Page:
Shifting the terms and phrases you use during clinical encounters makes a difference. As van Ryn & Fu pointed out more than 15 years ago, “In this way, providers can influence help seekers’ expectations for the future, the degree to which they expect to obtain the resources and help they need, and their expectations for improvements in their situations or conditions, which in turn may account for some of the disparities observed in outcomes and health status.”
Involve patients and patient representatives in identifying their preferred terminology.
I’ve written before about asking respectful questions, such as “What would you consider a normal expressions of affection/attention/love?” [This question was inspired by an excellent conference presentation I saw from D’vorah Rose, co-editor of Struggling in Good Faith: LGBTQI Inclusion from 13 American Religious Perspectives]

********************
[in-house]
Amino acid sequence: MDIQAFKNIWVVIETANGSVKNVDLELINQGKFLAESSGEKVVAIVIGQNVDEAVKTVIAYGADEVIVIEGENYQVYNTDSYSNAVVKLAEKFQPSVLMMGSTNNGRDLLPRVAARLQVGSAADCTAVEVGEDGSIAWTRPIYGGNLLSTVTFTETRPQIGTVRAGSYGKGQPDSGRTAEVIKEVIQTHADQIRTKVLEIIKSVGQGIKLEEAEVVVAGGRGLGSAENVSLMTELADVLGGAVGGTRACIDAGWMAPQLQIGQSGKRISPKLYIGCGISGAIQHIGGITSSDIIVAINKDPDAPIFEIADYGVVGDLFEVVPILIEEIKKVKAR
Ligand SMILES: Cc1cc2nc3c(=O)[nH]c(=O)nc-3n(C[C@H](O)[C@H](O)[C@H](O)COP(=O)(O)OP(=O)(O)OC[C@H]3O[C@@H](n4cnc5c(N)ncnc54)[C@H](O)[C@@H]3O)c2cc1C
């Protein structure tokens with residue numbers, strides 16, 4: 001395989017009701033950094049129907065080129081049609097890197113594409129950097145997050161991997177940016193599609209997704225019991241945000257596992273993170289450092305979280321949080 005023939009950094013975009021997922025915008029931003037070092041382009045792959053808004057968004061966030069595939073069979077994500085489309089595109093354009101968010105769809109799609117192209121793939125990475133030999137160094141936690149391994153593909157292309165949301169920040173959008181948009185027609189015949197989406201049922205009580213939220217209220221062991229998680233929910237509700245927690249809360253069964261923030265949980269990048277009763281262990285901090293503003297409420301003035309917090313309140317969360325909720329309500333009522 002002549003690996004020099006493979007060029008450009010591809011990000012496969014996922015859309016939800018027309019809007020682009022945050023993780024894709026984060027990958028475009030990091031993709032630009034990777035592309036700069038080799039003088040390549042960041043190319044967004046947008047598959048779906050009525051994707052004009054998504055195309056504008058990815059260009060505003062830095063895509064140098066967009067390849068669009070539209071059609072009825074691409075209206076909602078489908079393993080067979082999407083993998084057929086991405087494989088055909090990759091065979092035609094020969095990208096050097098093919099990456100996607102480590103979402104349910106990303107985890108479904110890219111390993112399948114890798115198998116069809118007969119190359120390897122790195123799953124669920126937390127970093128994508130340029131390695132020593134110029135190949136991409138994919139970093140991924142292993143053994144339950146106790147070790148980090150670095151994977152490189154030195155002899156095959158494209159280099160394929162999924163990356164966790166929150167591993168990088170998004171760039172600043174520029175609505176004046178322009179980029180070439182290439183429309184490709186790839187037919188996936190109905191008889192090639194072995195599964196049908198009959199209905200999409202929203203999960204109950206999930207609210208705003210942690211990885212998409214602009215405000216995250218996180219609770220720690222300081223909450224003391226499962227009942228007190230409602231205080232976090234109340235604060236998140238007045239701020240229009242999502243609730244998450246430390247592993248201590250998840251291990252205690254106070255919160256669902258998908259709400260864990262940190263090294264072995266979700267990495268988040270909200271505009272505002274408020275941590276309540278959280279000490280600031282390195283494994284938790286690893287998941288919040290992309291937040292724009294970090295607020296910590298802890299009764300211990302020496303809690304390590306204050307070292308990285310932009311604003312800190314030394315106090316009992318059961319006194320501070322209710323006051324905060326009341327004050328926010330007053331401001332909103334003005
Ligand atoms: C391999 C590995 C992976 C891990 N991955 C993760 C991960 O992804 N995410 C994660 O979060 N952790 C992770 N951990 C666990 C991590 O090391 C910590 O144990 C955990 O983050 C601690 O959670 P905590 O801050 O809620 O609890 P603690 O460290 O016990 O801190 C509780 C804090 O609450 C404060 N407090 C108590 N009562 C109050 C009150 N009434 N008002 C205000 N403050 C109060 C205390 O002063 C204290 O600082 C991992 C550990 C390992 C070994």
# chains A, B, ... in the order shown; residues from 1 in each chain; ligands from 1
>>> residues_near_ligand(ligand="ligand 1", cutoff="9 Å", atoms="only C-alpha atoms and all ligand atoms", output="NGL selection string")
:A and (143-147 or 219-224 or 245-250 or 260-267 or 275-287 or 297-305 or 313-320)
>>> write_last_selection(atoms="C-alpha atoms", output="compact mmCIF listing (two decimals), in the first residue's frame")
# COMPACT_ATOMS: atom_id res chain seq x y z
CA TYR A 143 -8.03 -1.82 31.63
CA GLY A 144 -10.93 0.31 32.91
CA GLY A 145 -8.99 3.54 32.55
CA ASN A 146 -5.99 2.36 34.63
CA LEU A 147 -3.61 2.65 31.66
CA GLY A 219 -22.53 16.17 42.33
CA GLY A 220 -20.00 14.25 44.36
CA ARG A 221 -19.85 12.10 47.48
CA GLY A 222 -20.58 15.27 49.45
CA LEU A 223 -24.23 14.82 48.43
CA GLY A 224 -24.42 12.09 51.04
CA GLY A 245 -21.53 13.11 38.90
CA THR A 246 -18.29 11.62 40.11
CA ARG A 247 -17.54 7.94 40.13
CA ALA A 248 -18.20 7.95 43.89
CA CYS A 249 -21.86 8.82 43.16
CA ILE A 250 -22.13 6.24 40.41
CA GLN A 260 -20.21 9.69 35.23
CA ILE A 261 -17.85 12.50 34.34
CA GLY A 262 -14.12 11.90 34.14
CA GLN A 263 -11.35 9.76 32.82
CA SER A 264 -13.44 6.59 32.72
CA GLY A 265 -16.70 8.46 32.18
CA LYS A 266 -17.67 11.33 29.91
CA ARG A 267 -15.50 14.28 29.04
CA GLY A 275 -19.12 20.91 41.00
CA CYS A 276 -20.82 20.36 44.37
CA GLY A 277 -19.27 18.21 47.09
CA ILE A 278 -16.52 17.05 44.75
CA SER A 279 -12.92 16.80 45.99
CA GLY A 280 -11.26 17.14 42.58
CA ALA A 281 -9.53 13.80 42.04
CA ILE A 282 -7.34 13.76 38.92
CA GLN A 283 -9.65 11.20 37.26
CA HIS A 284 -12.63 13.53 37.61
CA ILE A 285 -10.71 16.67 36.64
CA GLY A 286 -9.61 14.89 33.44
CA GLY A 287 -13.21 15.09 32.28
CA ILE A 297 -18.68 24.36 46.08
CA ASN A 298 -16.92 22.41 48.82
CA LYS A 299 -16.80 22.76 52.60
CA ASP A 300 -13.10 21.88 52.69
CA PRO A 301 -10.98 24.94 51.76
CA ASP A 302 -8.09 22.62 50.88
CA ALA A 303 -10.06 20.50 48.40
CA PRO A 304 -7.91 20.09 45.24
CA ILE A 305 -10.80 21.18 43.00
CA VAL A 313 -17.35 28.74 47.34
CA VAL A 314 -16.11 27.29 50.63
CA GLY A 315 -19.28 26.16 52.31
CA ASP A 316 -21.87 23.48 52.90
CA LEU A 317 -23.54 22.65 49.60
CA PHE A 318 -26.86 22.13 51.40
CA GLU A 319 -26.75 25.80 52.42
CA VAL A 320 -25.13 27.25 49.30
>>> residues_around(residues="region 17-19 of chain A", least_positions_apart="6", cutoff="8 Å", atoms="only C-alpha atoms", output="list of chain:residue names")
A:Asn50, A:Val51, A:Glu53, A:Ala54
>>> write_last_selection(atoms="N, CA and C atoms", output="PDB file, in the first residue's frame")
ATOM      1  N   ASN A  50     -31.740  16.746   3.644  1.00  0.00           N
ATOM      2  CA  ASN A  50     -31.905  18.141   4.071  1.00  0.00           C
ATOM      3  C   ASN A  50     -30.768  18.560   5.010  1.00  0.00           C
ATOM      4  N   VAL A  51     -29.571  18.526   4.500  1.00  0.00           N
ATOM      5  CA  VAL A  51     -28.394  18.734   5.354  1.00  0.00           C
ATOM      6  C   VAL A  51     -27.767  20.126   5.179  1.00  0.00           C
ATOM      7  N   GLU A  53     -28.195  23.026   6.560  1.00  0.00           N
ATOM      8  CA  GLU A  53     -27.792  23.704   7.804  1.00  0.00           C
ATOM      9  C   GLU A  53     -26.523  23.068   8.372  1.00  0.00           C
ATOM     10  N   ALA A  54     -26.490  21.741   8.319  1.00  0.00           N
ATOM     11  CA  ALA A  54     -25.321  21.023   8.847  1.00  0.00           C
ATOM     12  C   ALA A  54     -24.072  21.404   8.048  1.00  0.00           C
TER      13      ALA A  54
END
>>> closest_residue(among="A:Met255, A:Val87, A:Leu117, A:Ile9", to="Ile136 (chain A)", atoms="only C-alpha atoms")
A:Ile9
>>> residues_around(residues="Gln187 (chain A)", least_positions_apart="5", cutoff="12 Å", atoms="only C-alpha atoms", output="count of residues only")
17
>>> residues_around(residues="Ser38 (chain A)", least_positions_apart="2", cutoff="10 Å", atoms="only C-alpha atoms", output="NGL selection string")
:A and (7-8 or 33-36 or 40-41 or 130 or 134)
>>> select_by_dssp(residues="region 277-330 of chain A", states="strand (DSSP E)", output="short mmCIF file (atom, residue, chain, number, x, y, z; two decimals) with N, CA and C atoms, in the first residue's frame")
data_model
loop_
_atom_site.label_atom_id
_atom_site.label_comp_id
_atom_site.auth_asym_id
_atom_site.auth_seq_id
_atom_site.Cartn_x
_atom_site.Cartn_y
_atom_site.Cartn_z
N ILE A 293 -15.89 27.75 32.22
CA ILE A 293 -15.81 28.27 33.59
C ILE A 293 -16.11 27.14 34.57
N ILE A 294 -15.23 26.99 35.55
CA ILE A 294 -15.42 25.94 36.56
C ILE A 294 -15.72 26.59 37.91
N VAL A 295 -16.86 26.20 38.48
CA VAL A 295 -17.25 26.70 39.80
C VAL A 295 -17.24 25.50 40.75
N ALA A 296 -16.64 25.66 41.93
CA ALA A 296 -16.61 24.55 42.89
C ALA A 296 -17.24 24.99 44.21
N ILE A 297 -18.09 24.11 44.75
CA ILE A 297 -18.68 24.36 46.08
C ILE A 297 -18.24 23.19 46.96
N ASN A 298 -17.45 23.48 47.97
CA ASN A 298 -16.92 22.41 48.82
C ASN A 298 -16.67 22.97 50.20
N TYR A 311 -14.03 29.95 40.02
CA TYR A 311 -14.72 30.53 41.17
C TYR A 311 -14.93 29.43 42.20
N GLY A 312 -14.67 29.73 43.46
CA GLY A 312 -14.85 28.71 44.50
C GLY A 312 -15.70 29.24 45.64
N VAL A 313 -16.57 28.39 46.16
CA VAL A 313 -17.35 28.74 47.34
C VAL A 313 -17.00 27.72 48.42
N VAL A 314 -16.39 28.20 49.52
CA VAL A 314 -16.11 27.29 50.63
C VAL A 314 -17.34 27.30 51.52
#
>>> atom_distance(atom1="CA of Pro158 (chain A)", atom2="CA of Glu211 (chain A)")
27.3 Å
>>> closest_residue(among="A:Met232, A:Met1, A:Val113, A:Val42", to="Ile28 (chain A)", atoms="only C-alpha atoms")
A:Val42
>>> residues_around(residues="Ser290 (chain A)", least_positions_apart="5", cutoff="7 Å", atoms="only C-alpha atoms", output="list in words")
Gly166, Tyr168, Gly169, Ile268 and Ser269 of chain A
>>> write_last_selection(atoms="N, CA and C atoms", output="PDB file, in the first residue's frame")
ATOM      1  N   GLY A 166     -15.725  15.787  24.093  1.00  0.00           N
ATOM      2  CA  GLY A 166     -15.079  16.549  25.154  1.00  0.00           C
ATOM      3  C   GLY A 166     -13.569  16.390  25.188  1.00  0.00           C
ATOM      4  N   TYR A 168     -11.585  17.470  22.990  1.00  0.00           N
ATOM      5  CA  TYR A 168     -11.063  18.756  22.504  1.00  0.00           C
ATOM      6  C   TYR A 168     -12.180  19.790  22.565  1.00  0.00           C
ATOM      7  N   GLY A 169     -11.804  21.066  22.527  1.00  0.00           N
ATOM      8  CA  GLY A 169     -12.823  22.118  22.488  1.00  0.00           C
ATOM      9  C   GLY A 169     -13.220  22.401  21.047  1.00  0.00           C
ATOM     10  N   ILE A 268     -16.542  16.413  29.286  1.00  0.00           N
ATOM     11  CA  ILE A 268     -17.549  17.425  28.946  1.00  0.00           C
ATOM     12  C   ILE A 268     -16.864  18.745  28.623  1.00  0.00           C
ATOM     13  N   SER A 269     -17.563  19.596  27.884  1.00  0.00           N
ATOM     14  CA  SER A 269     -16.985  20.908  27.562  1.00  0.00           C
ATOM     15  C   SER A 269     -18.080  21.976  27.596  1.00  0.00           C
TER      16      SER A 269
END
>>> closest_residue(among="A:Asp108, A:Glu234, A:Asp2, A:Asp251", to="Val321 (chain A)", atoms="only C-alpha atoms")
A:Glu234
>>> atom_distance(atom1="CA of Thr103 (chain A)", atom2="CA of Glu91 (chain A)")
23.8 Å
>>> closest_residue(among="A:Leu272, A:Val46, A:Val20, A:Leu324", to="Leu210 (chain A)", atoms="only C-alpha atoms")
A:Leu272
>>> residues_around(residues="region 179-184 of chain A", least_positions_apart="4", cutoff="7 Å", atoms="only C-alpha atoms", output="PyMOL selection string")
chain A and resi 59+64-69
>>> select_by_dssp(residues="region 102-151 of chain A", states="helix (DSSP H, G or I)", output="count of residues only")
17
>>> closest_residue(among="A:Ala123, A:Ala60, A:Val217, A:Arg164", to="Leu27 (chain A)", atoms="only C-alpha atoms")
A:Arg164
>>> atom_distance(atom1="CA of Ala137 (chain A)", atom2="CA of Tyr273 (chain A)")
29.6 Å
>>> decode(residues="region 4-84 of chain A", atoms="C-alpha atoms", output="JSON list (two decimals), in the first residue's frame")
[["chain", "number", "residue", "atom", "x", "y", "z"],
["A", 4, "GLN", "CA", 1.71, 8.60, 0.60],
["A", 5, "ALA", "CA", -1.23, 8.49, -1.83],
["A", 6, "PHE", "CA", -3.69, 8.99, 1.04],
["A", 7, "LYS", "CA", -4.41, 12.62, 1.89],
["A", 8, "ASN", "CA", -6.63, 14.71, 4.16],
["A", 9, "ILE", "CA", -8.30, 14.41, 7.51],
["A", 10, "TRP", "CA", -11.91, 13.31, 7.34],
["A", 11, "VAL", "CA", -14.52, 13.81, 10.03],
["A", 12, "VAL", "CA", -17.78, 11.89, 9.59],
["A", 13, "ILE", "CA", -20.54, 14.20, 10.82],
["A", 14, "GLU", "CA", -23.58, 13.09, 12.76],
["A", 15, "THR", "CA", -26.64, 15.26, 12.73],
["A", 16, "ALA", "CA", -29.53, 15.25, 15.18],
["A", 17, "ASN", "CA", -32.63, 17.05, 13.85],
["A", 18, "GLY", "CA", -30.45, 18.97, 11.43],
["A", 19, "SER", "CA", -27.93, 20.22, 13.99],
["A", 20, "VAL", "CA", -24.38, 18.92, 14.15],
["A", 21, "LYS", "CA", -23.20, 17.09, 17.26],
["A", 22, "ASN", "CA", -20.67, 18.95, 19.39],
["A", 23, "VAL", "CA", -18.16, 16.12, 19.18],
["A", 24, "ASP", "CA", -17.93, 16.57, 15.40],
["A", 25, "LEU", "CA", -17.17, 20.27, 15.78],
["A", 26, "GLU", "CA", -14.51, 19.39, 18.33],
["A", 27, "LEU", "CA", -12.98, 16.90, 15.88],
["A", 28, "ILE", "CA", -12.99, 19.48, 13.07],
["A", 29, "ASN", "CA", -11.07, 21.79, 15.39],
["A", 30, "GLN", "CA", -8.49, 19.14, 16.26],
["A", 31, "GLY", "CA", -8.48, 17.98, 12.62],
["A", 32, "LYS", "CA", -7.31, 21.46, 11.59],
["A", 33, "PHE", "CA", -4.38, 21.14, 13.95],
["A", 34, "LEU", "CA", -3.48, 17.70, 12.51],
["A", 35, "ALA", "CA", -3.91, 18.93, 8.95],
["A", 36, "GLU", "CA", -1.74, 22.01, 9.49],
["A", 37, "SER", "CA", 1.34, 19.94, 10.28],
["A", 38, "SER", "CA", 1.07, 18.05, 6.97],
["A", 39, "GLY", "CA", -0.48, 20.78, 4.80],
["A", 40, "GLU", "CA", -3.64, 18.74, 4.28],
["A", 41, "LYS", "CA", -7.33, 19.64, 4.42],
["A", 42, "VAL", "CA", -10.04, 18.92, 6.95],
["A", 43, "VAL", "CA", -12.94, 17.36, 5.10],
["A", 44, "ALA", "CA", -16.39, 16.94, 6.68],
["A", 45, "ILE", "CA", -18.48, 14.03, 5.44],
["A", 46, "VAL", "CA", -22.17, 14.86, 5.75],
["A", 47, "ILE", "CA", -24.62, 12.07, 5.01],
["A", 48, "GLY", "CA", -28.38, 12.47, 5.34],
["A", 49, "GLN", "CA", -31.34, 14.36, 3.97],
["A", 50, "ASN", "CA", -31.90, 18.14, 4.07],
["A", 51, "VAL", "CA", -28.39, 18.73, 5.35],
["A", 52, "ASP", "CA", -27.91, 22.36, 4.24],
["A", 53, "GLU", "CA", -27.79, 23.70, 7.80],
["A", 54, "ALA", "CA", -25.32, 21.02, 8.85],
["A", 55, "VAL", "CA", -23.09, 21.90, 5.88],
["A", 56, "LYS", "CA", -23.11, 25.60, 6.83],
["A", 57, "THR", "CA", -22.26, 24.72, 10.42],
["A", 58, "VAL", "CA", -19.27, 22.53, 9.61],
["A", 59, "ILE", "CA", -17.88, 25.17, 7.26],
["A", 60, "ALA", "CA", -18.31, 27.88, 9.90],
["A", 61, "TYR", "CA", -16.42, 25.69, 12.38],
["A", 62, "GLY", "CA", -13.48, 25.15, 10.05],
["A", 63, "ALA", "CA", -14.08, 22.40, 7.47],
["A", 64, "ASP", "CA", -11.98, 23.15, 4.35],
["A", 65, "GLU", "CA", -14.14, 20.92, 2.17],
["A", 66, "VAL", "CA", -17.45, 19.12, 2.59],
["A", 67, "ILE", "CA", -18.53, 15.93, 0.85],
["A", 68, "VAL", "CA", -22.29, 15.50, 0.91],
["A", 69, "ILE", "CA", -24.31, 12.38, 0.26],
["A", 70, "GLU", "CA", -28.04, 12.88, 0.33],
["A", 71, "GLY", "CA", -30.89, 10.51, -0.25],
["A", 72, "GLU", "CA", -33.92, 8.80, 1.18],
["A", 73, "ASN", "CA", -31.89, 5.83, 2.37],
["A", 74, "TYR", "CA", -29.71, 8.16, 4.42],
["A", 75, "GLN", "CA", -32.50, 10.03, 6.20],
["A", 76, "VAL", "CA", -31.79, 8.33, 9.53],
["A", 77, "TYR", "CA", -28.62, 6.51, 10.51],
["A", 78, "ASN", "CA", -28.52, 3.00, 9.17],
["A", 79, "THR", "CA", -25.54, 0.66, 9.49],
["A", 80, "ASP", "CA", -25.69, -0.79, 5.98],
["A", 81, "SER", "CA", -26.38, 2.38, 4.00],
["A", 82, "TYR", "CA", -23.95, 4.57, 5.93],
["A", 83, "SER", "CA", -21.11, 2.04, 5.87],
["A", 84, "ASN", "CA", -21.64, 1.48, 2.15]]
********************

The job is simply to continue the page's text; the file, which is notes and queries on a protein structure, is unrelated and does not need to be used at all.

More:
I join my voice with those who, like Dovido & Fiske, necessarily connect individual level efforts to systems-level thinking. In “Under the Radar: How Unexamined Biases in Decision-Making Processes in Clinical Interactions Can Contribute to Health Care Disparities,” they point out that “Interventions are most likely to be effective when they occur at multiple levels” and assert that “systematically collecting data that could implicate the operation of subtle, distinct biases is critical for addressing the problem.”
Knowing there is not a way to remove bias from our language once and for all, I invite you to be a learner, listener, and an observer of language. If you’d like more support in this process, please contact me.